“It’s like a black velvet Elvis,” said Rafael Cardenas of East L.A., who’s accumulated four blankets of his own. “It’s so cheesy, but you’re proud of it, you’re nostalgic over it because it’s your culture.
“If you sit at a table with any Mexican anywhere and say, ‘Hey, remember the San Marcos blankets?,’ they’ll know exactly what you’re talking about.”
Tributes to what’s been called the original Snuggie abound online: on Facebook, YouTube, blogs and forums.
In 2003, urbandictionary.com added the San Marcos to its list of streetwise lingo. Definition: Pimpin’ warm blankets from Mexico. As in: “Hey vato, bring the San Marcos to the carne asada in Delano mañana.”
Onantzin, a Latino website, recently poked fun at the blanket’s notorious warmth, posting this bogus alert:
A warning has gone out to Hispanic parents cautioning them not to excessively layer their kids with thick San Marcos blankets after a teen that was covered with four such blankets suffocated to death this weekend.... Hispanic families nationwide are shocked by the news.
First produced in 1976, the San Marcos ceased production in 2004. That only made Latinos want them more.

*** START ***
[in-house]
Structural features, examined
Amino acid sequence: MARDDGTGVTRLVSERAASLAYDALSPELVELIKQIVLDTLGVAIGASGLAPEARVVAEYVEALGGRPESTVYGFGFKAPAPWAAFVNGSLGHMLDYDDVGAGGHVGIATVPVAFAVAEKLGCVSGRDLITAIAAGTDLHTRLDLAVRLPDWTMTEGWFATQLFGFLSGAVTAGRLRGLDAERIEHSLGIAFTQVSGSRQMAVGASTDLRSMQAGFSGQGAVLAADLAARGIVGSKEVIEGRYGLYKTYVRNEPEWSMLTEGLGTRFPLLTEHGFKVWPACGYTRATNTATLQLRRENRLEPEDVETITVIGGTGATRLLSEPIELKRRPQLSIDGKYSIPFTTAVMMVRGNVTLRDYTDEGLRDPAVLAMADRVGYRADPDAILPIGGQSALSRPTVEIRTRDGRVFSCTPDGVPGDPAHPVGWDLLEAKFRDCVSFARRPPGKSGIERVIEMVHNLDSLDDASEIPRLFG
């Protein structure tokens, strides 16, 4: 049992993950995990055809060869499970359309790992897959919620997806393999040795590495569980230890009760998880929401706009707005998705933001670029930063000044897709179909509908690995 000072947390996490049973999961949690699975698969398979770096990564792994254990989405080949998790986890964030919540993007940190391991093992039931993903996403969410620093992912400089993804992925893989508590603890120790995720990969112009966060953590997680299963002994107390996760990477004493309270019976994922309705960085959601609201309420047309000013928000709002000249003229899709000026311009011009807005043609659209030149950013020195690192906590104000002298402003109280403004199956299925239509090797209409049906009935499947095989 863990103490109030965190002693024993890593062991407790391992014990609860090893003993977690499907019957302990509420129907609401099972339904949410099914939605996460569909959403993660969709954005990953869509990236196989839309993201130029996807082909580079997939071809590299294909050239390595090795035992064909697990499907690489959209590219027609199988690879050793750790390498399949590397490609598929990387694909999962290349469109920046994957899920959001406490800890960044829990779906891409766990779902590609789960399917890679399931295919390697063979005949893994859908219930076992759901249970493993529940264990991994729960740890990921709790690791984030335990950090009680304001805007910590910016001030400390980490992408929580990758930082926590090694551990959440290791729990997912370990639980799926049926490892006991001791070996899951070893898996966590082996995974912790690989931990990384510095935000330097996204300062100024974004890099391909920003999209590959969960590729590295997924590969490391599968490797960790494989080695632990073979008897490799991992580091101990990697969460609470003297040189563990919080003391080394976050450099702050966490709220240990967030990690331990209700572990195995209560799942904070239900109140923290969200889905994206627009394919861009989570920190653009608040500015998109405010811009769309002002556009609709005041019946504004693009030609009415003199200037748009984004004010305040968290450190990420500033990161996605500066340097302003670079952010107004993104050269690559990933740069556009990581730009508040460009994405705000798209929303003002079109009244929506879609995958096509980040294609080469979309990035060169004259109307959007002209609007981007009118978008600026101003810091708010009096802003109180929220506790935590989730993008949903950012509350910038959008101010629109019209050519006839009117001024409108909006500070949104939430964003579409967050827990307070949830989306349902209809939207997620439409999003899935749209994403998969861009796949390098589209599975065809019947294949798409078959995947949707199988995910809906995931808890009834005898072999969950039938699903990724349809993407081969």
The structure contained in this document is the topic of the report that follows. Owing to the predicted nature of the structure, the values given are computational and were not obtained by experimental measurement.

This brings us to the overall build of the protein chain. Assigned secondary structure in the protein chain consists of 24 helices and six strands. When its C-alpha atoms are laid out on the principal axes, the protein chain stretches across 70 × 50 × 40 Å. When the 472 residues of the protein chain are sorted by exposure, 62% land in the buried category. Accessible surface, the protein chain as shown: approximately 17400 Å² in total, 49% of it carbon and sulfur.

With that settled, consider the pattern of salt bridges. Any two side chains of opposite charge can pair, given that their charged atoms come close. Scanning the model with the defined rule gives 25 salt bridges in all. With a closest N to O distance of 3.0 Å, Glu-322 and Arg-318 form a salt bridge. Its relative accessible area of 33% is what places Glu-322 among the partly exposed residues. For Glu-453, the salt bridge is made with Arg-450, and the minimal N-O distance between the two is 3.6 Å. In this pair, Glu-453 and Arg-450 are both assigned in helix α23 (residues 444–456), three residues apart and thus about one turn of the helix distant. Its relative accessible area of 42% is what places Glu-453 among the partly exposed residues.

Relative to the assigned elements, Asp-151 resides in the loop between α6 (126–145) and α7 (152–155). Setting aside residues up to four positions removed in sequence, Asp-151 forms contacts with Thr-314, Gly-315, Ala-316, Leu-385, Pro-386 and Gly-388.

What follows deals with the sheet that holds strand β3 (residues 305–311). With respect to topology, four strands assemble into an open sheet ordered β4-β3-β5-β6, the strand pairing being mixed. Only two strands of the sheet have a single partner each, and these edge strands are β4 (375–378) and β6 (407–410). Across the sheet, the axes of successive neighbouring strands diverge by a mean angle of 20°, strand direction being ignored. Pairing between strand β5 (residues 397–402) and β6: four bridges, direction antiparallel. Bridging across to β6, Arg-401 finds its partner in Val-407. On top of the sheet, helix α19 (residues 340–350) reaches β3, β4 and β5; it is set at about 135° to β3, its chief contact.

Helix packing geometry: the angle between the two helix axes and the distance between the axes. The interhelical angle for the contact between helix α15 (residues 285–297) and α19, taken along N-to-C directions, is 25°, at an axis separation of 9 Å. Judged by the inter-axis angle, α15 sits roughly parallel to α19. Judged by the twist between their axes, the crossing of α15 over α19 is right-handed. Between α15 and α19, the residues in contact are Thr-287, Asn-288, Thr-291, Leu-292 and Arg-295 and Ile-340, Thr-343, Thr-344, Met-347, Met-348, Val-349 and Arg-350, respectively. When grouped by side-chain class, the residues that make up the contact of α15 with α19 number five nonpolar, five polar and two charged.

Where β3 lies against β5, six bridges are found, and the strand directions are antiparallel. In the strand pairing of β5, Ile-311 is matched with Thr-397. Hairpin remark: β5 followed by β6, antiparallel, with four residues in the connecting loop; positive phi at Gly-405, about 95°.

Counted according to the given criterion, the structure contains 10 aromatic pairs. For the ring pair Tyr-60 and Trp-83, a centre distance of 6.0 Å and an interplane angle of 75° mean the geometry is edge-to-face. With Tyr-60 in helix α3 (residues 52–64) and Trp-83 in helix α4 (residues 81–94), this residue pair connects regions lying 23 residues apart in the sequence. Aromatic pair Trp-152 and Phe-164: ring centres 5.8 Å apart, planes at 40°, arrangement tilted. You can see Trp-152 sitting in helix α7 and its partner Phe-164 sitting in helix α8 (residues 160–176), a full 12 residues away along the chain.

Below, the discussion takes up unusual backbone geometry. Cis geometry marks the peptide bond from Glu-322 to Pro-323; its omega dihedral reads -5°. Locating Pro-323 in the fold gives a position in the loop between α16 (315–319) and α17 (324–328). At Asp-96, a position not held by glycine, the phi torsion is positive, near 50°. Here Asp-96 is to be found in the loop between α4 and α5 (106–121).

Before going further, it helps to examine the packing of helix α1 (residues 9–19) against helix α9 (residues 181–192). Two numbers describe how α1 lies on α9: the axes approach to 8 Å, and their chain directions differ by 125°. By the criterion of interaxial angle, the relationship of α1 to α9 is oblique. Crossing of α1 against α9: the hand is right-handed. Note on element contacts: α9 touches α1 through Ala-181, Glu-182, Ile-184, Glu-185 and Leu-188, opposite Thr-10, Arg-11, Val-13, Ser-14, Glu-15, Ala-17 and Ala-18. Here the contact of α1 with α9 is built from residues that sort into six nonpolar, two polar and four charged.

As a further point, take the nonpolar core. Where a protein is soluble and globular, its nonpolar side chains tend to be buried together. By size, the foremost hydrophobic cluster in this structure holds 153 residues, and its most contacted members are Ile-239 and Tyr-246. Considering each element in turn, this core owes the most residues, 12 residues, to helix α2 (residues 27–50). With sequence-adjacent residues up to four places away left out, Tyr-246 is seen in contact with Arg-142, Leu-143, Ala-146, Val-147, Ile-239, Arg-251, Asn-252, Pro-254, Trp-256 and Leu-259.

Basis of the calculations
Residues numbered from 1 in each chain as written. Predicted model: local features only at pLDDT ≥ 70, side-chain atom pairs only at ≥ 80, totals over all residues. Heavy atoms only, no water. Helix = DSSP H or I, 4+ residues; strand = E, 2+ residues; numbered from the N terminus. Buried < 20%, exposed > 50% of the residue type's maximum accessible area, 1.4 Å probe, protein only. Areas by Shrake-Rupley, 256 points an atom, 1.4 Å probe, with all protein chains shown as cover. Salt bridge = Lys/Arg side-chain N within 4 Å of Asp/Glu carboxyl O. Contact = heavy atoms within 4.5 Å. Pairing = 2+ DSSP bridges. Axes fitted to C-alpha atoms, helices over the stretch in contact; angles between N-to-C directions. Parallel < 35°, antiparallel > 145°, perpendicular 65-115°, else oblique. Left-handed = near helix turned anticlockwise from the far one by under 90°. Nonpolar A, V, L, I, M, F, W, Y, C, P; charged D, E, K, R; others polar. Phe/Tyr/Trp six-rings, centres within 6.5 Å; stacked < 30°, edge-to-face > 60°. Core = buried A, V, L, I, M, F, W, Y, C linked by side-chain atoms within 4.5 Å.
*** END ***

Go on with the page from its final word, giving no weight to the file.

Paula Valenzuela remembers seeing the vivid designs as a young girl in Florida. Fieldworkers toiling in her grandfather’s fruit groves brought them in from Mexico.
“I remember asking my mom over and over for one, but she had no clue where to find them,” said Valenzuela, who is white and now married to a Mexican.
When she moved to the border town of El Centro five years ago, her Mexican neighbors helped her find several blankets for her family. They taught her how to spot the real ones: They were sturdier, didn’t shed and came with a San Marcos tag.
“I wanted more and more,” the 46-year-old said. “Every available minute I had, I spent looking for blankets, begging people to sell me theirs.”
She went to swap meets and yard sales across Southern California and Arizona. Other people searched on her behalf too.
By 2010, Valenzuela had collected almost 400 San Marcoses — designed with horses, kittens, cheetahs and all kinds of flowers.
She kept them stored in a trailer until her husband threatened to call the “Hoarders” television show.